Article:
Most studies of youth suicidal ideation and behavior in China have been regional with small and non-representative samples. In a large representative sample, the current study sought to: (1) describe the prevalence of suicidal ideation among boys and girls in Beijing, China; (2) examine the association between suicidal ideation with family, academic and social factors and health-risk behaviors; and (3) examine gender differences in the patterns of association with suicidal ideation. The variables of interest were informed by the literature and included family structure, running away, bullying victimization and violence, mental health problems, substance use behaviors (tobacco and alcohol), and physical activities.


Design and participants

A cross-sectional survey of 33 694 middle school students from Beijing, China was conducted. Peking University’s Medical Research Ethics Committee (IRB00001052-17010) approved the study procedures. Informed consent was obtained from parents and assent from the students. All of the respondents were informed that the survey would be conducted anonymously, and that their privacy would thus be respected.

A three-stage, stratified sampling method was used to obtain a representative sample of students in grades 7-12 in Beijing. First, three kinds of districts or counties were sampled according to their socioeconomic level (upper, moderate, lower). Second, the junior and senior high schools were categorized as vocational, ordinary, or key (ie, those with good records of past educational accomplishment had priority in the assignment of teachers, equipment, and funds and the privilege of recruiting the best students). Based on probability proportional to school enrolment size, we selected 31 vocational senior high schools (grade 10-12), 36 ordinary junior high schools, 35 ordinary senior high schools, 27 key junior high schools, and 36 key senior high schools. Finally, we used a simple random sampling method to select n classes from each grade at each school (n depended on the average size of classes and was no less than 200 students per school). The survey was launched between April and May 2014. Participants completed the self-administered anonymous questionnaire in their classroom in the absence of school teachers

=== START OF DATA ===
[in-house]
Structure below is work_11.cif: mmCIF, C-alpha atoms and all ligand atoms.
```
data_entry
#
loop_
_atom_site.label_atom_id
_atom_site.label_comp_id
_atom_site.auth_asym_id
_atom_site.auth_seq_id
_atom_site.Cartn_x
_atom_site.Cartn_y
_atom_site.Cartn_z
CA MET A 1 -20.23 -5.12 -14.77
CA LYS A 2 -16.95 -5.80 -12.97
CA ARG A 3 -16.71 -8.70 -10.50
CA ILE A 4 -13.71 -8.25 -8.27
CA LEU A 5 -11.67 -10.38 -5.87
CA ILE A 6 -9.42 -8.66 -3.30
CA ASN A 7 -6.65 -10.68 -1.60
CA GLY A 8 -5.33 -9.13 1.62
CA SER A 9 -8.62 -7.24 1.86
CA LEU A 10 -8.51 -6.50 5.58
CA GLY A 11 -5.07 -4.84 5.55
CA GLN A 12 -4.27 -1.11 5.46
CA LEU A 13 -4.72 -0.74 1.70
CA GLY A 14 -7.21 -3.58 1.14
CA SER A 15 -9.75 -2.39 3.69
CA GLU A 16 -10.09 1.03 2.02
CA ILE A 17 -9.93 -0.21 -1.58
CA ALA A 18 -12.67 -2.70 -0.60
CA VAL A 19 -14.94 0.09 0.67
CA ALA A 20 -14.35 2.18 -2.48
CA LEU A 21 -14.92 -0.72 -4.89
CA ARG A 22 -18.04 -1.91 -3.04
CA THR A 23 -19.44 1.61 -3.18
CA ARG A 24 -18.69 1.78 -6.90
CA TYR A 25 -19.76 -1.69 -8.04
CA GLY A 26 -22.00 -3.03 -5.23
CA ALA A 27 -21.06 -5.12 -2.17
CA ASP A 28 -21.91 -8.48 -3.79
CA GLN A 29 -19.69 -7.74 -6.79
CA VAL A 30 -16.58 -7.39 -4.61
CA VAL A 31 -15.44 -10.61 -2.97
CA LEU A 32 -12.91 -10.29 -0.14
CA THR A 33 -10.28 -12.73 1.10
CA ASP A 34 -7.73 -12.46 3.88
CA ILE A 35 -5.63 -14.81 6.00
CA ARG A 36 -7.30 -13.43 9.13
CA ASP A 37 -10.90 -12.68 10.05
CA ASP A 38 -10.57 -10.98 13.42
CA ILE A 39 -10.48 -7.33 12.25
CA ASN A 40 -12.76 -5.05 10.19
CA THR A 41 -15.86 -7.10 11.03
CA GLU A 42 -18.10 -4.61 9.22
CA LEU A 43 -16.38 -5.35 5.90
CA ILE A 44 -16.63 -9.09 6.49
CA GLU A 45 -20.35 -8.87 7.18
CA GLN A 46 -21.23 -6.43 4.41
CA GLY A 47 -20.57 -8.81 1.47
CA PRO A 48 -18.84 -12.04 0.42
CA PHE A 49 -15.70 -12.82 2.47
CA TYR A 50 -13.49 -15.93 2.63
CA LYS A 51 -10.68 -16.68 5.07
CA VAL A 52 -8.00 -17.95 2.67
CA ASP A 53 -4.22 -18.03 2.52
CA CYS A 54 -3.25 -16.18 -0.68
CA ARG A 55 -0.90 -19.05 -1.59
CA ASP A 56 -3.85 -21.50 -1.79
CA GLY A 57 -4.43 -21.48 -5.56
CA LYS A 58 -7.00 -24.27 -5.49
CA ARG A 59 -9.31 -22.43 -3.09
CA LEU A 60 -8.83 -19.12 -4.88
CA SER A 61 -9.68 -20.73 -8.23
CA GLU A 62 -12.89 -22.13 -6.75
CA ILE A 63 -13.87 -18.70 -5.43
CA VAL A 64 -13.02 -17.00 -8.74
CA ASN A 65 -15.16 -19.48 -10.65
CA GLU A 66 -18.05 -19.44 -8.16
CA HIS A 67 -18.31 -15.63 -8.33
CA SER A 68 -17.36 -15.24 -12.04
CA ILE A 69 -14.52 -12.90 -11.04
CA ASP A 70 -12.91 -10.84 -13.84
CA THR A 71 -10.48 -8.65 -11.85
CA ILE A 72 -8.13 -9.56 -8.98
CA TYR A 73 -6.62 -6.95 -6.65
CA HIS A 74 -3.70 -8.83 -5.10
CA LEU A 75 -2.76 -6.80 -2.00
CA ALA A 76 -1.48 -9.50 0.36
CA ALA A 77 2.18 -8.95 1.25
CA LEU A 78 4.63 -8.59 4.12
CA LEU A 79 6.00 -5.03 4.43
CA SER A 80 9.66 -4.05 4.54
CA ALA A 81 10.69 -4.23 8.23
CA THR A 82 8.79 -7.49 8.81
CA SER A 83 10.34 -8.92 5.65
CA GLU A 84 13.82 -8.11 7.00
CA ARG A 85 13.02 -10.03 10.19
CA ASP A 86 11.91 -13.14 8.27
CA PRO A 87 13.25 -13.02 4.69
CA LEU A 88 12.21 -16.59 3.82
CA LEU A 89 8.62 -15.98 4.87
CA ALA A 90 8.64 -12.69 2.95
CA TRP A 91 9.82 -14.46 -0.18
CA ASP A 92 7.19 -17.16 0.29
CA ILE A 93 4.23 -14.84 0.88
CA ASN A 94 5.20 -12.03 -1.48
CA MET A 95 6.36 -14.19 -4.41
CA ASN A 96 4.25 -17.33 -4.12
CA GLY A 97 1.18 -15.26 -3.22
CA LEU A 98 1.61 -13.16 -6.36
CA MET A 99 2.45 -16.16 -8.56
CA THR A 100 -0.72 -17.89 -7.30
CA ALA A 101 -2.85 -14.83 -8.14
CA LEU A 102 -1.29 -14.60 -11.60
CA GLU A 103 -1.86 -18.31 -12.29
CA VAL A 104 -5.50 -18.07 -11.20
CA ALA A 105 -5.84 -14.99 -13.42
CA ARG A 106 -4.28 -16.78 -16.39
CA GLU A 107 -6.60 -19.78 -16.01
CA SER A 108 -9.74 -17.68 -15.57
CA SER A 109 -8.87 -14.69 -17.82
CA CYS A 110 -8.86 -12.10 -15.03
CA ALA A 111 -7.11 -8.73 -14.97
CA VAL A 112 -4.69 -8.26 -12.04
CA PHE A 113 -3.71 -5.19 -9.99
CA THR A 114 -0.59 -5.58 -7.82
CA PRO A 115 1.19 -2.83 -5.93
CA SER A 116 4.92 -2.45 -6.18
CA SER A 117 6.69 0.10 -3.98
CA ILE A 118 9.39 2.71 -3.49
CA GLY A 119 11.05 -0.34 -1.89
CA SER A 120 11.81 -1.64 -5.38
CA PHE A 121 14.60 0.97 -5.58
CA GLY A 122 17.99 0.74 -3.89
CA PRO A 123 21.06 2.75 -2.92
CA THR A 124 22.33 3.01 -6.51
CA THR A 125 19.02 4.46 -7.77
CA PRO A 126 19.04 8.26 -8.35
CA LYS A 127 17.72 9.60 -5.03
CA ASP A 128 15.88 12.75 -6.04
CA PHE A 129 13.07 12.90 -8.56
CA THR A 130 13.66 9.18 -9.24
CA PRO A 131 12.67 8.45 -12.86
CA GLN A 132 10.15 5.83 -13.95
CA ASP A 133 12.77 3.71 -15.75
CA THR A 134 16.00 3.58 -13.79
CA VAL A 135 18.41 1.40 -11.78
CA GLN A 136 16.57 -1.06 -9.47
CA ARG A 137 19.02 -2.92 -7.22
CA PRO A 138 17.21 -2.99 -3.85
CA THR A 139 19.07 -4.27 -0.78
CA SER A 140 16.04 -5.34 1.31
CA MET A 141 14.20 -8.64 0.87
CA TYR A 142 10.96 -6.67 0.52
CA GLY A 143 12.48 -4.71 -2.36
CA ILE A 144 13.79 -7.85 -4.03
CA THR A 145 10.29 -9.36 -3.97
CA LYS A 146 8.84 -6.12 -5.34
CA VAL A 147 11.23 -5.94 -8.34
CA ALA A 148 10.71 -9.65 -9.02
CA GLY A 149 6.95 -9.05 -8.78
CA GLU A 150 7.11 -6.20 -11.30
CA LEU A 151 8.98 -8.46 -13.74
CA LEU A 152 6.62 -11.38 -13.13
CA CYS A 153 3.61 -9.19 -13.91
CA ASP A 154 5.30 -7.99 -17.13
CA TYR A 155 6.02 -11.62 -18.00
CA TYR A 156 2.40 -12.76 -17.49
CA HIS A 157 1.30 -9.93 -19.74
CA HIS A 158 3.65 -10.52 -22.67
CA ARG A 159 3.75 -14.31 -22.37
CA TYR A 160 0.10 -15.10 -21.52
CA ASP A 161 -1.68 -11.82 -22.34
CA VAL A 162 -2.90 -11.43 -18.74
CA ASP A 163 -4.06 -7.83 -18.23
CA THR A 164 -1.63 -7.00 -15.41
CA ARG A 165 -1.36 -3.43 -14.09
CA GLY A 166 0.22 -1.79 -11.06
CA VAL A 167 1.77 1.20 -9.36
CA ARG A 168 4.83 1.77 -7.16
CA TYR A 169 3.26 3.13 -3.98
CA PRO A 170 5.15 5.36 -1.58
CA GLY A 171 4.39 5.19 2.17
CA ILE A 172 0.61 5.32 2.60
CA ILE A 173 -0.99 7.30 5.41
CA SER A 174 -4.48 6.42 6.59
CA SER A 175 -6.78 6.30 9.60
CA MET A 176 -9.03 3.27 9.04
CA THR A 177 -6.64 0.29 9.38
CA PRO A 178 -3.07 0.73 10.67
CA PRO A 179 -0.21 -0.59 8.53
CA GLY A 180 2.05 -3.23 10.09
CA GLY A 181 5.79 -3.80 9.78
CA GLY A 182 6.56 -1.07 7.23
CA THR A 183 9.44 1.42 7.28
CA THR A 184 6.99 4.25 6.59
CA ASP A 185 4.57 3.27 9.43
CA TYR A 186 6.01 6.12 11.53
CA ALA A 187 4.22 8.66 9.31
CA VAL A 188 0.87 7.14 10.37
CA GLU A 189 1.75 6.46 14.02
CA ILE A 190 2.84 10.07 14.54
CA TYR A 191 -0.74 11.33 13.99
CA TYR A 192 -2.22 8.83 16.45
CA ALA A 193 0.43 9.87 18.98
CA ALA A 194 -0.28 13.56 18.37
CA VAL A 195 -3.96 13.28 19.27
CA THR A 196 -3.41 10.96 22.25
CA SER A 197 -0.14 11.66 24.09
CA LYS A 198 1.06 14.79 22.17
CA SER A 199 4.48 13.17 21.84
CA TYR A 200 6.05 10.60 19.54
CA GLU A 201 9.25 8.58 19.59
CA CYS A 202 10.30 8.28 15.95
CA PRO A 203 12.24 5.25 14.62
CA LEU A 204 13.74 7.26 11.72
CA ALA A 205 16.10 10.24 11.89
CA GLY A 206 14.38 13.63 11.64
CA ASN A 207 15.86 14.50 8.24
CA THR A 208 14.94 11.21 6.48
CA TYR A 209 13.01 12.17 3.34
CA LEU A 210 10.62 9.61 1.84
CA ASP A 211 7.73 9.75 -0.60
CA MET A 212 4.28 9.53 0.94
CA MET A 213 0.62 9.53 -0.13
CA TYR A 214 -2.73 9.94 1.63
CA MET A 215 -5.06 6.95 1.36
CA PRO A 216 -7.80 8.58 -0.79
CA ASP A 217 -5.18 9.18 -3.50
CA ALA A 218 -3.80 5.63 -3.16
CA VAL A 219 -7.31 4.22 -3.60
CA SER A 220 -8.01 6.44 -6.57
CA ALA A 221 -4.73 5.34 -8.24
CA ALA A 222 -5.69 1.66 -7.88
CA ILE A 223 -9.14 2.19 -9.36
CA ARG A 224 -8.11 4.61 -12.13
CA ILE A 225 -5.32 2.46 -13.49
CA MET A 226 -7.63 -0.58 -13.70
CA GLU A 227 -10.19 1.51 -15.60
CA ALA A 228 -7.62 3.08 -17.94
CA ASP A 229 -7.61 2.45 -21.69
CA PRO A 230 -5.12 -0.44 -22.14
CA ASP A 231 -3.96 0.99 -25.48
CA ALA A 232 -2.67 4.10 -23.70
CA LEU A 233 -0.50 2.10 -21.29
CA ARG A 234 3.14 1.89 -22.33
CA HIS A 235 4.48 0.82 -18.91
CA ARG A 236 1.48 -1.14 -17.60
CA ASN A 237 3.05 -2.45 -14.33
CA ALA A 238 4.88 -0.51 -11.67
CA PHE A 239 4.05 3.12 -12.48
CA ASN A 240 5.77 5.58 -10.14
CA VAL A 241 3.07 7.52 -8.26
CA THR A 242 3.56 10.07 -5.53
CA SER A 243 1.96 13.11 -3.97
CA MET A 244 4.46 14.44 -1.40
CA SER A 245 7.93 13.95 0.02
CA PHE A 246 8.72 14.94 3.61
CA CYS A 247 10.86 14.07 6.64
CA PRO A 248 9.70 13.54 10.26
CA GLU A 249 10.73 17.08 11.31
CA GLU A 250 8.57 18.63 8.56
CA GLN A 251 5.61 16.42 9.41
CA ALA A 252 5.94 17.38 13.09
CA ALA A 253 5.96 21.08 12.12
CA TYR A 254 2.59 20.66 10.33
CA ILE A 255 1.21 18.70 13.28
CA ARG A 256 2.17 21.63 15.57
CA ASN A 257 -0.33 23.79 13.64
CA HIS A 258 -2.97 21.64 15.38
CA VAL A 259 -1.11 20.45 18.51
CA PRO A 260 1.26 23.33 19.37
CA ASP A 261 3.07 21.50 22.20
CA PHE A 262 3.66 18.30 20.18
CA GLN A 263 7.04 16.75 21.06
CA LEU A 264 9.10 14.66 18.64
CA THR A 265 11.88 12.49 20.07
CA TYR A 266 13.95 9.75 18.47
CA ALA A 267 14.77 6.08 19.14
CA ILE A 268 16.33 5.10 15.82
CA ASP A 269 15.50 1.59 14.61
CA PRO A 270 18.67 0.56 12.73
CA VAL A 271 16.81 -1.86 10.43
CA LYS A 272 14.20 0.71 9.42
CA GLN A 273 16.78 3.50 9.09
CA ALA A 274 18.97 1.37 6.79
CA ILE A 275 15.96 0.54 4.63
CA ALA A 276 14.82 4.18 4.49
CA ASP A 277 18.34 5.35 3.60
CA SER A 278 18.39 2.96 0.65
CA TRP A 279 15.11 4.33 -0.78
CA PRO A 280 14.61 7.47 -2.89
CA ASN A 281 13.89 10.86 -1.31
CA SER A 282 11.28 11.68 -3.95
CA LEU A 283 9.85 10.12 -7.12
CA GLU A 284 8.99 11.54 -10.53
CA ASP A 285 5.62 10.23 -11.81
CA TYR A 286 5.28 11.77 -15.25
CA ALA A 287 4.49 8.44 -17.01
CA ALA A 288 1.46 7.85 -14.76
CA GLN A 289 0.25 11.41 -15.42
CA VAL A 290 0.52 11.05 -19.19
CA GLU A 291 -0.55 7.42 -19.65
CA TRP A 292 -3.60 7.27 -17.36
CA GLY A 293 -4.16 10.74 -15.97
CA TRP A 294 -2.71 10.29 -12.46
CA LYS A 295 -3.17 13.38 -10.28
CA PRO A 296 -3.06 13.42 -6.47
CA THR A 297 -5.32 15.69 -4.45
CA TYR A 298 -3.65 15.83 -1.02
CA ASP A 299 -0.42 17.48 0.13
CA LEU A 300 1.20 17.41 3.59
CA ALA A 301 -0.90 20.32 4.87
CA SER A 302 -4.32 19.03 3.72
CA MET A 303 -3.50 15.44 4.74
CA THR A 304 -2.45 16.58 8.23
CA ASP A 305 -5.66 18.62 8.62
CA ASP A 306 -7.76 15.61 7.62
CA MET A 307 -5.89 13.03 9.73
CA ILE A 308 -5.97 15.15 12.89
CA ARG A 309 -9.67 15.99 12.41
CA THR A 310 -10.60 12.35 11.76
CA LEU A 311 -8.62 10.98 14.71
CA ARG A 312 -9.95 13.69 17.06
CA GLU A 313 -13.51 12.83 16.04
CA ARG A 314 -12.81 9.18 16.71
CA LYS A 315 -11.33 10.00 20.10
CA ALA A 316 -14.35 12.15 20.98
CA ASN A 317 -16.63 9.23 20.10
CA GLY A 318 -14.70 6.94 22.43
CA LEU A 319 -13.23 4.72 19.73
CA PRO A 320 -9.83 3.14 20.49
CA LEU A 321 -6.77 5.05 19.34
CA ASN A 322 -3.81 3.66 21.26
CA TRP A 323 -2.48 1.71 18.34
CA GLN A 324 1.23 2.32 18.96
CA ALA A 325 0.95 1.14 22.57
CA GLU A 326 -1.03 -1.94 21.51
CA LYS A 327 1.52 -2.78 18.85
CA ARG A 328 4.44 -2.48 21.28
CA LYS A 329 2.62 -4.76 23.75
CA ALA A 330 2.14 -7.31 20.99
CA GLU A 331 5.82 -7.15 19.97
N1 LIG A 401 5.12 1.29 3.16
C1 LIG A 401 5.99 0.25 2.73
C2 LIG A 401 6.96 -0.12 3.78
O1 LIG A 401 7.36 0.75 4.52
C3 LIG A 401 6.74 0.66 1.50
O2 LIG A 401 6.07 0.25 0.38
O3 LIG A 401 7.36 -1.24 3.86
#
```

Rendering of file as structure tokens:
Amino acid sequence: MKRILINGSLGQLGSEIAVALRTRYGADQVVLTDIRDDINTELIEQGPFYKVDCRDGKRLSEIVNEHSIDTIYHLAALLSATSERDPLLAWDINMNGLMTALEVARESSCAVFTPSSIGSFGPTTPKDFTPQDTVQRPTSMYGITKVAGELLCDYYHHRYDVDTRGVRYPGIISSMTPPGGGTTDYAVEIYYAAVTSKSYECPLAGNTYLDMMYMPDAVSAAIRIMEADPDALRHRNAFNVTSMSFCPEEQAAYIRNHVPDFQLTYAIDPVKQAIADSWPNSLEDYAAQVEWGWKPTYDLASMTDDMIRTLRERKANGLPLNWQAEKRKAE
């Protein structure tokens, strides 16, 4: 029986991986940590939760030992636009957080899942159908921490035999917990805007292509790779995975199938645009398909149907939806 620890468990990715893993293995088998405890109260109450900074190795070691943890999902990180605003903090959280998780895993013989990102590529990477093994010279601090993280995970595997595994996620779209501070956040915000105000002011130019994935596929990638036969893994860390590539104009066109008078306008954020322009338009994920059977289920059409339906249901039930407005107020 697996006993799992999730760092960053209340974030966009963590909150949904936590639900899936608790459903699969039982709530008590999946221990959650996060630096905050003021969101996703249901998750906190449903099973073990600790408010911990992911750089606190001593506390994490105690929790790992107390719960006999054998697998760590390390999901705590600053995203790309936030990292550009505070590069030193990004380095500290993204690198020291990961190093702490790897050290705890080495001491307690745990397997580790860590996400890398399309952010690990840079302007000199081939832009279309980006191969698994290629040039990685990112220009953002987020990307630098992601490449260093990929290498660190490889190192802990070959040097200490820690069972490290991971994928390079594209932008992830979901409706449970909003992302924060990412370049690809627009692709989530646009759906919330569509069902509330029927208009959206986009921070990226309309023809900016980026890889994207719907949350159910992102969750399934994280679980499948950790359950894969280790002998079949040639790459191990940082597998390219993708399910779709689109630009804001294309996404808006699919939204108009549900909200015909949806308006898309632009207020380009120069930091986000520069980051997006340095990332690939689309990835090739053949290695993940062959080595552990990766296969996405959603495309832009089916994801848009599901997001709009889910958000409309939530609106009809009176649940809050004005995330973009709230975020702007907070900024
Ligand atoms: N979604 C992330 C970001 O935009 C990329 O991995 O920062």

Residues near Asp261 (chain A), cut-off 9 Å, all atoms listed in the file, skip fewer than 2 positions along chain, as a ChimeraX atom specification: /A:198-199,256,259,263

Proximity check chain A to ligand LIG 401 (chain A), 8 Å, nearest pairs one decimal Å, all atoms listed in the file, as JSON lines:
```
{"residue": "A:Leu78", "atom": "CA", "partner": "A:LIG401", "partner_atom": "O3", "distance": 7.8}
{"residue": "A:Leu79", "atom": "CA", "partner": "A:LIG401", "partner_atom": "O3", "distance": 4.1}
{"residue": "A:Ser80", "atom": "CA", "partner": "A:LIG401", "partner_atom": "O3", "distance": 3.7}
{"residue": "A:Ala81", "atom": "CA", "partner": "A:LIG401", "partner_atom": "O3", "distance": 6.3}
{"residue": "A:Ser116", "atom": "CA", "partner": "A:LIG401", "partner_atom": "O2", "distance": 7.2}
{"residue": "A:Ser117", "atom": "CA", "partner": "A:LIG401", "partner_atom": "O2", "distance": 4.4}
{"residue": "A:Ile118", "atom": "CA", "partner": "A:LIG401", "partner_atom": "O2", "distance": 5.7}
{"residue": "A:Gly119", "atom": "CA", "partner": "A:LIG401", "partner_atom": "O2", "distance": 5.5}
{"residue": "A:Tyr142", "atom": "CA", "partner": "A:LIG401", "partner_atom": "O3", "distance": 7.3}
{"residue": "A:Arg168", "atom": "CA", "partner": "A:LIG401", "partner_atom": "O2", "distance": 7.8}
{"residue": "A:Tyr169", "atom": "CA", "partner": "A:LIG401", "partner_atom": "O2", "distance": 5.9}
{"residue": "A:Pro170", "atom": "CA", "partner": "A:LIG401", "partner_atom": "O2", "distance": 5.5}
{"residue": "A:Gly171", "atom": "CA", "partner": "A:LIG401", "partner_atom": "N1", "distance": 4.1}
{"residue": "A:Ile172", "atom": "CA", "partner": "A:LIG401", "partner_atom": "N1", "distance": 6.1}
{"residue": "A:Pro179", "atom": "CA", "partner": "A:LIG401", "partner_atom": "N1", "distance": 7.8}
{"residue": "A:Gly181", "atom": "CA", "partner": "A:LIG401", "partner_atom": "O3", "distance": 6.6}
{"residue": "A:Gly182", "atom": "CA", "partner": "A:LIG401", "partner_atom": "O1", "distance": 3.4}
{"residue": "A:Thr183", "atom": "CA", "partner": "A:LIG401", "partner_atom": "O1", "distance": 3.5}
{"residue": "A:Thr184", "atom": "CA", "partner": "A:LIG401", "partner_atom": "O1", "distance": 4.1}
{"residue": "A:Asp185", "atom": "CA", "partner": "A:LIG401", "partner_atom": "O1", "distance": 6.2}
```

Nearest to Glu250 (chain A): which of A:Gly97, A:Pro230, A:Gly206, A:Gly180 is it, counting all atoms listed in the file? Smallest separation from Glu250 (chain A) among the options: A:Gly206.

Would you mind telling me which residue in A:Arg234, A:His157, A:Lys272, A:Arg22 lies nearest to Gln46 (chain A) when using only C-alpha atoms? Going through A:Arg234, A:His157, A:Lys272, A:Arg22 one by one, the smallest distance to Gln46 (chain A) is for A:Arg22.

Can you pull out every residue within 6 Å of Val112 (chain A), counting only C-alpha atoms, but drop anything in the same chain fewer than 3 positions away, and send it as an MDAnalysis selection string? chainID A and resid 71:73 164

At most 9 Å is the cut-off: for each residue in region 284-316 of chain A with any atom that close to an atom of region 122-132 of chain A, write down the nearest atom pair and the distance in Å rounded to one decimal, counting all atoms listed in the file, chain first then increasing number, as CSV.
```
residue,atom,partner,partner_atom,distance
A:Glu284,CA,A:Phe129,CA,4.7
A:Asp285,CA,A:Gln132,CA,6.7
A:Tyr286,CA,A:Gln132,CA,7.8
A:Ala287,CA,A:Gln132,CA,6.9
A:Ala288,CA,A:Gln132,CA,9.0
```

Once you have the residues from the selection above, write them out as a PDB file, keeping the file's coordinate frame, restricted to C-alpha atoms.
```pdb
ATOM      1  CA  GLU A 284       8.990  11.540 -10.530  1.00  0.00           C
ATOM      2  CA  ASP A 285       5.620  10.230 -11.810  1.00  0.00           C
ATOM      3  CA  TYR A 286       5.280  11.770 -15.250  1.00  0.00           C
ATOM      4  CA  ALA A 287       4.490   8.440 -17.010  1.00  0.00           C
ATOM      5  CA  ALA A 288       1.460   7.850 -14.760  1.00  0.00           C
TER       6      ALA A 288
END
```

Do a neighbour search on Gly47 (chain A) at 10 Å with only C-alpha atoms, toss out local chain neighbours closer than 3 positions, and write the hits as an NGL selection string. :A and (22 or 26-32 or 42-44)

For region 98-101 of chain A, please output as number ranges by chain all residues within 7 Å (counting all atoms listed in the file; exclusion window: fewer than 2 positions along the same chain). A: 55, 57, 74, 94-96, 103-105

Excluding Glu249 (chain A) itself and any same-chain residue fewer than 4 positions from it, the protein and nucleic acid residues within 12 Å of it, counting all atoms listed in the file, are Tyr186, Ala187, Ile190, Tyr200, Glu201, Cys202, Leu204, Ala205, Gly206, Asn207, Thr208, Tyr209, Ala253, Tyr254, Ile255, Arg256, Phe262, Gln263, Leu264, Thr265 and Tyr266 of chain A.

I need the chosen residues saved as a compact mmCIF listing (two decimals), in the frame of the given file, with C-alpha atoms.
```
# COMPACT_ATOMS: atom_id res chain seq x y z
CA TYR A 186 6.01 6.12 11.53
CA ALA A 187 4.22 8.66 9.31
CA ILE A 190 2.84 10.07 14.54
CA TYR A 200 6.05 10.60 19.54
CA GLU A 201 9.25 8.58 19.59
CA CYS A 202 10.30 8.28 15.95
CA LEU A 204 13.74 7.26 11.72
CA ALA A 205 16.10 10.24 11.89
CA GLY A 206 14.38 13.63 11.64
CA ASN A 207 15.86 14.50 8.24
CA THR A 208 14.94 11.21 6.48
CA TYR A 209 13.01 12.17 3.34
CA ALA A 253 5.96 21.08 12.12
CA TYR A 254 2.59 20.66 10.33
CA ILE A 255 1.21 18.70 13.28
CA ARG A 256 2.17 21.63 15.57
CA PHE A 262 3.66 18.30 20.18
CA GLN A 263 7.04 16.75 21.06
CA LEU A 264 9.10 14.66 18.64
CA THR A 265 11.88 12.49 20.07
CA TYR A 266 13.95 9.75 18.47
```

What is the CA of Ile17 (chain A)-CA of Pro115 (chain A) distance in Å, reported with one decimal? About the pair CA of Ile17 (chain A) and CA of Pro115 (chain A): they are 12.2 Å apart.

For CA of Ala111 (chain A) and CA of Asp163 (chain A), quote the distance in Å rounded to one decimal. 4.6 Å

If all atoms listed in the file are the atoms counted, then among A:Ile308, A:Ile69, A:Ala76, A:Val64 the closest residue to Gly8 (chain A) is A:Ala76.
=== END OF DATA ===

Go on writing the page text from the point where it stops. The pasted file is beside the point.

The questionnaire was derived from the Chinese Youth Risk Behavior Surveillance (CYRBS) survey in 2014, which assesses six categories of priority health-risk behaviors contributing to the leading causes of death, disability, and social problems. The CYRBS survey [20] was adapted from the 2003 Youth Risk Behavior Surveillance survey in the United States, for which a high degree of reliability and validity has been documented previously [21-23]. The CYRBS questionnaire was reviewed by education and health experts and pilot-tested in Beijing and Jinan [24]. Suicidal ideation was assessed with the question “During the past 12 months, did you ever seriously consider attempting suicide?” Response categories were “Yes” or “No.” Table 1 summarizes the academic, family, social and health-risk behavior CYRBS items of interest for the current analyses. In addition, school grade was categorized as junior or senior high school; school type as vocational, ordinary or key; and gender as boys or girls.